Heritage brings tourists to Russian Arctic | Polarjournal
Wrangel Island, located in the Arctic Ocean, is without exaggeration the “capital of polar bears”. Because the island is home to numerous seals and other animals, polar bears also find slightly better conditions here than elsewhere to survive the summer. Picture: Michael Wenger

For almost 1.5 years, the entire polar travel market has been in the grip of the pandemic. The whole market? No, a New Zealand company defied the virus last Antarctic season and was able to wow curious Kiwis with the beauty of New Zealand’s sub-Antarctic islands. Now Heritage Expeditions has also been able to secure its Arctic season in the Russian Far East, offering anyone willing to travel the opportunity to experience one of the most remote and fascinating Arctic regions first hand.

The New Zealand expedition company has announced that they have received all the necessary permits from the Russian authorities to operate from the Sea of Okhotsk to Wrangel from the end of June onwards. “Our ship, the Spirit of Enderby, also known as Akademik Professor Khromov, is flying a Russian flag and has a Russian crew. That makes a lot of things easier when you’re operating in Russia,” explains company partner Aaron Russ. The fact that they have already been successfully visiting these regions for years proves him right.

Even the current pandemic and its restrictions are not stopping the New Zealanders from having an expedition season. This is because COVID figures are much lower in the Russian Far East than in the rest of Russia, thanks to the remoteness of the regions. In particular, the Autonomous Region of Chukotka, where the majority of the trips are made, had hardly recorded any cases of infection in recent weeks. Furthermore, Heritage has an already tested safety concept on board. “The current concept includes full vaccination of the crew and team. Guests who are not vaccinated must present negative PCR tests, which are also required for entry into Russia,” Aaron Russ explains further. In addition, the now standard reinforced hygiene measures are carried out on the ship.

An important aspect of the Heritage trips are the visits to villages along the route and experiencing the Chukchi and Inuit culture in the region. Since most of the places are difficult to reach, hardly any tourists or out-of-towners come here. As a result, most places in Chukotka had only low case numbers so far. Picture: Michael Wenger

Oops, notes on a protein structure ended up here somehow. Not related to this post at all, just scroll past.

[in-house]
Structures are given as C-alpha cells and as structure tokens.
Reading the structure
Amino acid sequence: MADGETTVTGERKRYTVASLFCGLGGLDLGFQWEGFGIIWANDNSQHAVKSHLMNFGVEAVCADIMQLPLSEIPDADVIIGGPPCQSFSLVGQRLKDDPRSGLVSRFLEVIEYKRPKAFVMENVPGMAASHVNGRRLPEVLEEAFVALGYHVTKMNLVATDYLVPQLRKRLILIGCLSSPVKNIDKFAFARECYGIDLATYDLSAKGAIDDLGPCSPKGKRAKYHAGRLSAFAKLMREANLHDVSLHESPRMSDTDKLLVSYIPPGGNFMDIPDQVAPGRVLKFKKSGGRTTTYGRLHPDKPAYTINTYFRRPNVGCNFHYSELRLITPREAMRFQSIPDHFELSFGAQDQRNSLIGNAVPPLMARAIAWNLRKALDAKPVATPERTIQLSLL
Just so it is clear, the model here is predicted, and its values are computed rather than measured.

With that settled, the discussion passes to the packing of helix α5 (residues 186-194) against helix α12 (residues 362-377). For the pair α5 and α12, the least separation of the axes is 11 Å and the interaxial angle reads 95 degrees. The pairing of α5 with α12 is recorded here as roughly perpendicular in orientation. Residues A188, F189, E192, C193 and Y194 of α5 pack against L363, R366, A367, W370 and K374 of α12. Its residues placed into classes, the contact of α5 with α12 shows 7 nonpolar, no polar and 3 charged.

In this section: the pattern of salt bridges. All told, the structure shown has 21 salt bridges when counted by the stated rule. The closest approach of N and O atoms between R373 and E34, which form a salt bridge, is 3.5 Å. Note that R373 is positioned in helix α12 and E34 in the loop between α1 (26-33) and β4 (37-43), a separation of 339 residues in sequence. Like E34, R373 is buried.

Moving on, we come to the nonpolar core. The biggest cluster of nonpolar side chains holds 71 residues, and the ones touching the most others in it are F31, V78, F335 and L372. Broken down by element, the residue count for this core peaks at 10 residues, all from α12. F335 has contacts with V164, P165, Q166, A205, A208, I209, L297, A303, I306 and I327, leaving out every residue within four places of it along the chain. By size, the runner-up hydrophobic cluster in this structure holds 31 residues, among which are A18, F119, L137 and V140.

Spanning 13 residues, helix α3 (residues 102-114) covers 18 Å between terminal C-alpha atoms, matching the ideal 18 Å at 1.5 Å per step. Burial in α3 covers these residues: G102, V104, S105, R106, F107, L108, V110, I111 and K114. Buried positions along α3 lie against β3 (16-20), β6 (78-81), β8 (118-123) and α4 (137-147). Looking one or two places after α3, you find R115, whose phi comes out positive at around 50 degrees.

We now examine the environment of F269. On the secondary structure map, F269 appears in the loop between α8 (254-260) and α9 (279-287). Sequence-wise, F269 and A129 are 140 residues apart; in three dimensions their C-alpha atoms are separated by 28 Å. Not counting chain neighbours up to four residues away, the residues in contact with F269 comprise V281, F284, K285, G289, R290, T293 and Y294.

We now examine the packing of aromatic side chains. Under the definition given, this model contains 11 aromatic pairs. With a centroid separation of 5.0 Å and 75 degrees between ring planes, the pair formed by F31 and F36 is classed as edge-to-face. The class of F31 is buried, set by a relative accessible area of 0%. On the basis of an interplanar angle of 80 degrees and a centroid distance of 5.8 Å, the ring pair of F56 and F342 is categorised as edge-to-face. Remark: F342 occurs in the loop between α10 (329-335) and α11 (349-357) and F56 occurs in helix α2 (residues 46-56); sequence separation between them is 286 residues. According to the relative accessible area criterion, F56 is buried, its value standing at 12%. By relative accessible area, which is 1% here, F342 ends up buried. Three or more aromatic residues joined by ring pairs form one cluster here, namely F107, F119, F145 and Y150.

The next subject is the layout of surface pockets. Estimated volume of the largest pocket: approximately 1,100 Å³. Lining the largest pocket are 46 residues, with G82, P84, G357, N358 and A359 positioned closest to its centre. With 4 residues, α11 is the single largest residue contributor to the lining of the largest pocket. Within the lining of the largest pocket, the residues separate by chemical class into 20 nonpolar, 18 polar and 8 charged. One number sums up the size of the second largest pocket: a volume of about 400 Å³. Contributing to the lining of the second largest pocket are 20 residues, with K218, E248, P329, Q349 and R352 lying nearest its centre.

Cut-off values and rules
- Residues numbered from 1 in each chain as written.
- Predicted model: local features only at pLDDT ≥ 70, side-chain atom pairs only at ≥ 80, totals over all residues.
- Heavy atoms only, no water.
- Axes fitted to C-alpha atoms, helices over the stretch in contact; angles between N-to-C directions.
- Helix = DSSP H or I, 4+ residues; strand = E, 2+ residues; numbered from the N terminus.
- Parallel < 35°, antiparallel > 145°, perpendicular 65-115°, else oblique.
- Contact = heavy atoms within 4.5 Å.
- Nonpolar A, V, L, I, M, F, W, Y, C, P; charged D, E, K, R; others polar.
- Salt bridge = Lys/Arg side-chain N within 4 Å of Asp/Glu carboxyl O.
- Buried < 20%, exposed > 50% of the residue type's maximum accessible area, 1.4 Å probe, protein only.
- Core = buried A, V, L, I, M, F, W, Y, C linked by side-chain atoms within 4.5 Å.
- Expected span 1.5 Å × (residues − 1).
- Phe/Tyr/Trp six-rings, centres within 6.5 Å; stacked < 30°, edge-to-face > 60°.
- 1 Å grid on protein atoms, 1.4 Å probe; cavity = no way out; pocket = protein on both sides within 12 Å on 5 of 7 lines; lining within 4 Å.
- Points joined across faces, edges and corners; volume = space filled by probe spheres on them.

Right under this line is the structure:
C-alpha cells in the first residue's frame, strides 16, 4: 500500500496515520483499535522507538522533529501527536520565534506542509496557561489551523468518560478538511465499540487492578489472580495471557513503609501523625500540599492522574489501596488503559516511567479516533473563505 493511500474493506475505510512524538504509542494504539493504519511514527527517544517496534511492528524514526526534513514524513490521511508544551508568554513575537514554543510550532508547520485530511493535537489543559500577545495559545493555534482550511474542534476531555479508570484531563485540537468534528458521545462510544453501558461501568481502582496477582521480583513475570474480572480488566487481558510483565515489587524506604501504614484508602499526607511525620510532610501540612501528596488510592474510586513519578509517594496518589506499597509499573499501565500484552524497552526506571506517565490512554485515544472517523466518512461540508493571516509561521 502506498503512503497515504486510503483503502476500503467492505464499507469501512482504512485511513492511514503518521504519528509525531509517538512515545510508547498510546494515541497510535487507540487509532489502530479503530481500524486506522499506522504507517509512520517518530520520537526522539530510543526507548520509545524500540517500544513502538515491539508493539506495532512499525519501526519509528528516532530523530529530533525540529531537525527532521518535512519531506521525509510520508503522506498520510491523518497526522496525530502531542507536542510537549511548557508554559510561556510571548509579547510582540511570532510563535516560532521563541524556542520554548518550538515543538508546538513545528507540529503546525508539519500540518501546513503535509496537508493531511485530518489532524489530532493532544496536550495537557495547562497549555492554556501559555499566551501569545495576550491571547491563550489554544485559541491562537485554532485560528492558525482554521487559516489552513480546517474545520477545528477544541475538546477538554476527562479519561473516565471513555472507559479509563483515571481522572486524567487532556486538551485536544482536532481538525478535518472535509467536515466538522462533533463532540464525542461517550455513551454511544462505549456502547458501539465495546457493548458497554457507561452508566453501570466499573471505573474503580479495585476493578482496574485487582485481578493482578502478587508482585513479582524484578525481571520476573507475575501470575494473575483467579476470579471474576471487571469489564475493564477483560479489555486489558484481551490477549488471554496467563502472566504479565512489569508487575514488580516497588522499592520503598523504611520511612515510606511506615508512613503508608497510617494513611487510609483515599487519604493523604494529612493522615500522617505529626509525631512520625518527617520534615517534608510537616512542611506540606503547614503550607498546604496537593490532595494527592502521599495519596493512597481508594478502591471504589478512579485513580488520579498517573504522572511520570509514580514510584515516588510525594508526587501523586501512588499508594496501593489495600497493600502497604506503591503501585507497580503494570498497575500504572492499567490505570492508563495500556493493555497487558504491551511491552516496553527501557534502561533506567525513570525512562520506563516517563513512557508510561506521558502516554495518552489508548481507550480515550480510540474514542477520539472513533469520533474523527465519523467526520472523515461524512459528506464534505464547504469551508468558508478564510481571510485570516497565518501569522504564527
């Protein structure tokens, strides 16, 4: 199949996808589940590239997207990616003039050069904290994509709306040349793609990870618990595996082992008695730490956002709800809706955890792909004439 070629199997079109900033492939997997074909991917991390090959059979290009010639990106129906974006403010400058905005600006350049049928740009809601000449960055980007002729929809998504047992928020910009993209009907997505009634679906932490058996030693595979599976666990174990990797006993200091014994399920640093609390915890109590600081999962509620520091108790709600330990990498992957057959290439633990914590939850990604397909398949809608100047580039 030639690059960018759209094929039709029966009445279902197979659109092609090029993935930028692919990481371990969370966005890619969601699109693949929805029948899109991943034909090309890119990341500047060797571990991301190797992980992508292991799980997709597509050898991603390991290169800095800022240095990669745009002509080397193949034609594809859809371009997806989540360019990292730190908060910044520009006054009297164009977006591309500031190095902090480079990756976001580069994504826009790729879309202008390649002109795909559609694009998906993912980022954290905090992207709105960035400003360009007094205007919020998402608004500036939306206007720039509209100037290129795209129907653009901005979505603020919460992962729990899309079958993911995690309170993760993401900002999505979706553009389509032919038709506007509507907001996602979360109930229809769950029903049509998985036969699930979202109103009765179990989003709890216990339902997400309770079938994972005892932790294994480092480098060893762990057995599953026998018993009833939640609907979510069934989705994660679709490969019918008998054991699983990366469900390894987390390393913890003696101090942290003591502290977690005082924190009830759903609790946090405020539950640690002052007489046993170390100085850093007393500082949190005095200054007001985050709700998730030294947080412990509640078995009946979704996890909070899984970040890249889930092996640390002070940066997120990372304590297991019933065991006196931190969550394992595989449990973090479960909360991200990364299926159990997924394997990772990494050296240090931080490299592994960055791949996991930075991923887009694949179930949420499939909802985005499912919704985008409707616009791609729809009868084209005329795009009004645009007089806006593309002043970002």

Overall, Heritage sees little risk, even when visiting communities that are part of the travel experience. For in Chukotka the number of cases is very low and in recent weeks has even been zero. This is due to the remote location of the region, which can only be reached by boat and plane. And to ensure that this remains the case when visiting localities, Heritage will work with the authorities to keep a close eye on the situation and implement appropriate hygiene and distance measures when the situation makes this necessary. “People and their health are at the top of our list, and we try to keep any risks to a minimum,” Heritage explains.

The outermost tip of the Eurasian continent is Cape Deshnev. Here is also an old Soviet station, which was responsible for the surveillance of the Bering Strait. The entry to Chukotka is easier today and is done via Moscow to Anadyr. Picture: Michael Wenger

To enjoy an expedition trip to the Russian Far East, you need a tourist visa as usual. Countries officially allowed into Russia include Switzerland and Germany, from where there are also direct flights to Moscow. In addition, Russia requires a negative PCR test no more than 72 hours old, issued in either Russian or English. “All domestic flights from Moscow operate without restrictions,” Heritage writes in a press release. That’s why the connections to Anadyr are possible. According to Heritage, on the following departure dates nearly all cabin types are still available on the nearly two-week voyages. More information can be found via the link at the end of the article.

Departure from Anadyr Type of trip

Dr Michael Wenger, PolarJournal

Link to further information in German:



Or directly to Heritage Expeditions:


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